Michael Snow
Clothed Woman (In Memory of my Father) 1963
oil and lucite on canvas
152 x 386.2 cm
Purchased 1966
National Gallery of Canada

Nell Tenhaaf and Christine Davis blend art and science at the CMCP

Ottawa, Canada - January 23, 2004


 Nell Tenhaaf et Christine Davis marient la science à l'art au MCPC 
 A new exhibition and an installation at the Canadian Museum of Contemporary Photography (CMCP) give visitors the chance to explore the connections between artistic expression and science. Nell Tenhaaf: Fit/Unfit: A Survey Exhibition and Christine Davis: Tlön are on view from 24 January to 25 April 2004.

Fit/Unfit spans the past 15 years of Tenhaaf's work, which mixes scientific concepts with artistic expression as a means of questioning society's expectations, especially the belief that art is subjective and science is objective. The Toronto-based multimedia artist uses aluminum light boxes, interactive video installations, photography and drawing to engage viewers with her ideas. For Tenhaaf, science, technology and art are all invested with social and cultural values that speak to our deepest hopes and fears.

"We are thrilled to have the opportunity to present Tenhaaf''s creative and unique works," says Martha Hanna, director of the CMCP. "The exhibition showcases the ideas and rich material practice of this important Canadian multimedia artist.”

“Tenhaaf's survey exhibition reinforces the fact that it is impossible to separate culture and science,” says Linda Jansma, curator of the Robert McLaughlin Gallery in Oshawa, Ont., which organized the exhibition in collaboration with the Leonard and Bina Ellen Art Gallery, the Tom Thomson Memorial Art Gallery and the Art Gallery of Hamilton.

“Although deeply theoretical, Tenhaaf's work can be approached on various levels, an accessibility of which the artist is particularly appreciative. If one of the roles of the artist is to assist us in viewing life differently, then Tenhaaf's ongoing engagement with science, culture and art is a persuasive example.”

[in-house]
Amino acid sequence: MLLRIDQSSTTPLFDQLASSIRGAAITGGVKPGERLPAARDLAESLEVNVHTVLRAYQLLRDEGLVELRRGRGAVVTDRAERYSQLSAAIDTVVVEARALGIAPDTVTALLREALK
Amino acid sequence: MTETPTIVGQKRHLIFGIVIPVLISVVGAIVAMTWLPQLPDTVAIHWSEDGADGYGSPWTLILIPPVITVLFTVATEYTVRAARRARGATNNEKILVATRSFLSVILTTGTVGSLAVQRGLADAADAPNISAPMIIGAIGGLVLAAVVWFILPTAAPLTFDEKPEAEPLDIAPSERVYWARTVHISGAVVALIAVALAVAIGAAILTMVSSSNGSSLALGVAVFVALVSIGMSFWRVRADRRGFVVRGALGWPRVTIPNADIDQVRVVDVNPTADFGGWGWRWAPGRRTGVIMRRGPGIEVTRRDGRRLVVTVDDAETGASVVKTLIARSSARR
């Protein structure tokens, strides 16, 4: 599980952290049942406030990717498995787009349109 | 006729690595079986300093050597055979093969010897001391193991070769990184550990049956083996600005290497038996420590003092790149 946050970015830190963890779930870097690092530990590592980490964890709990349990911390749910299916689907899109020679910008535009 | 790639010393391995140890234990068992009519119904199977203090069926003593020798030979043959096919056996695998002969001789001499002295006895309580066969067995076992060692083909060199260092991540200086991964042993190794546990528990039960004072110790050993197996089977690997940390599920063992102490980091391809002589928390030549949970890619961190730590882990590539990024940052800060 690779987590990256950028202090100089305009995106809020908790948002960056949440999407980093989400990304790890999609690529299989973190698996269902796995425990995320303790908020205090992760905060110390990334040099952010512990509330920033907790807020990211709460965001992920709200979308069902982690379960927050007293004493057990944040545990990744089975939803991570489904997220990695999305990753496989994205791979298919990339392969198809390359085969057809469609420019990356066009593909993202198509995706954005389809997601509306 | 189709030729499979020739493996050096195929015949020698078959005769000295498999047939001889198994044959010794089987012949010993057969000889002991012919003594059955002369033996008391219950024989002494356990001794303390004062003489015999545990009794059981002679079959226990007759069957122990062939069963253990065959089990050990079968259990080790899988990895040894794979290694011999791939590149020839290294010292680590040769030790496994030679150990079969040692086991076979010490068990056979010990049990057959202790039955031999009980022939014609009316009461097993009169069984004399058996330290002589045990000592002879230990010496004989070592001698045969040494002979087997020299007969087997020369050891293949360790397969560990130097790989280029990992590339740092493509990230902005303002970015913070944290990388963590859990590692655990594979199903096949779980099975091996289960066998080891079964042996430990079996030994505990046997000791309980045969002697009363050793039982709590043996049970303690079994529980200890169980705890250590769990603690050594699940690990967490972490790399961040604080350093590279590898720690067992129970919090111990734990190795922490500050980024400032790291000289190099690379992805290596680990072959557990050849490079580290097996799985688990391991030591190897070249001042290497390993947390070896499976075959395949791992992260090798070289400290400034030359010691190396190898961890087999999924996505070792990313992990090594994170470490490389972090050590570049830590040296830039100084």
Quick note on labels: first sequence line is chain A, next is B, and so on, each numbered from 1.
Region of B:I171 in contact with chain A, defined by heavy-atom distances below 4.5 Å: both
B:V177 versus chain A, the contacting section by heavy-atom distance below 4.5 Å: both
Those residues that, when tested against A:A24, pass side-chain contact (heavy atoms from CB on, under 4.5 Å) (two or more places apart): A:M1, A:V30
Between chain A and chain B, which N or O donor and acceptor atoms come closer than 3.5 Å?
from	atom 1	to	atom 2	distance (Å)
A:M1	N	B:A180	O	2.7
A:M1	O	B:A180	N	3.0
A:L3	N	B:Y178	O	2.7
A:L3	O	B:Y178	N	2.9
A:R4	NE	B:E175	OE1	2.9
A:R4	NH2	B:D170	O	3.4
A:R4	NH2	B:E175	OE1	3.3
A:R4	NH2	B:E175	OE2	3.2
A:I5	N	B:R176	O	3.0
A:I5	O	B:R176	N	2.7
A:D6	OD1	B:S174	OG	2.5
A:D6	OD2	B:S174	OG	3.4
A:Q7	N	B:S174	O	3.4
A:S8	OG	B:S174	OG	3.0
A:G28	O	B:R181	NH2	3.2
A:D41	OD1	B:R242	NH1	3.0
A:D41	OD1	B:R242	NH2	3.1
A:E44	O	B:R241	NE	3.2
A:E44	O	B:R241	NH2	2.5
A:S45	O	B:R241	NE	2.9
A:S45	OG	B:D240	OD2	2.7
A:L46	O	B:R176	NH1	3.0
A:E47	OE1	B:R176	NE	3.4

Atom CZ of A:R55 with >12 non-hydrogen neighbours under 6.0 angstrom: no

Toronto artist Christine Davis visually recreates the science-fiction world imagined by author Jorge Luis Borges in her installation Tlön, or How I held my hands a vast methodical fragment of an unknown planet's entire history. Borges' short story Tlön, Uqbar, Orbis, Tertius describes how a secret society labours to control every detail of life on the planet of Tlön. It is a cautionary tale against a highly ordered, highly regulated world that destroys other legitimate forms of experience and knowledge.

Davis' stunning slide installation casts stars and interstellar clouds onto a grid of brilliant blue Morpho butterflies. Light and colour shift and change, and the effect is both hypnotic and hallucinatory, a meditation on the appeal — and the illusion — of a tidily ordered universe. Davis' installation is on loan from the Montreal Museum of Fine Arts.

The Canadian Museum of Contemporary Photography wishes to thank its media sponsors Xpress and Voir for their support of these exhibitions.

Another exhibition, Vincent Sharp: From the Collection, is on display at the terrace level of the CMCP until 18 April 2004.

Admission to the Canadian Museum of Contemporary Photography is free.

In addition to other events at the CMCP in the coming months, members of the public will have the opportunity to meet Nell Tenhaaf and Christine Davis on Sunday 25 January 2004. Tenhaaf will share her thoughts on art, science and feminism at 1 p.m., while at 2 p.m., Davis will discuss the ideas and inspiration behind Tlön.

A bilingual catalogue accompanying Nell Tenhaaf's exhibition is available at the CMCP Boutique.

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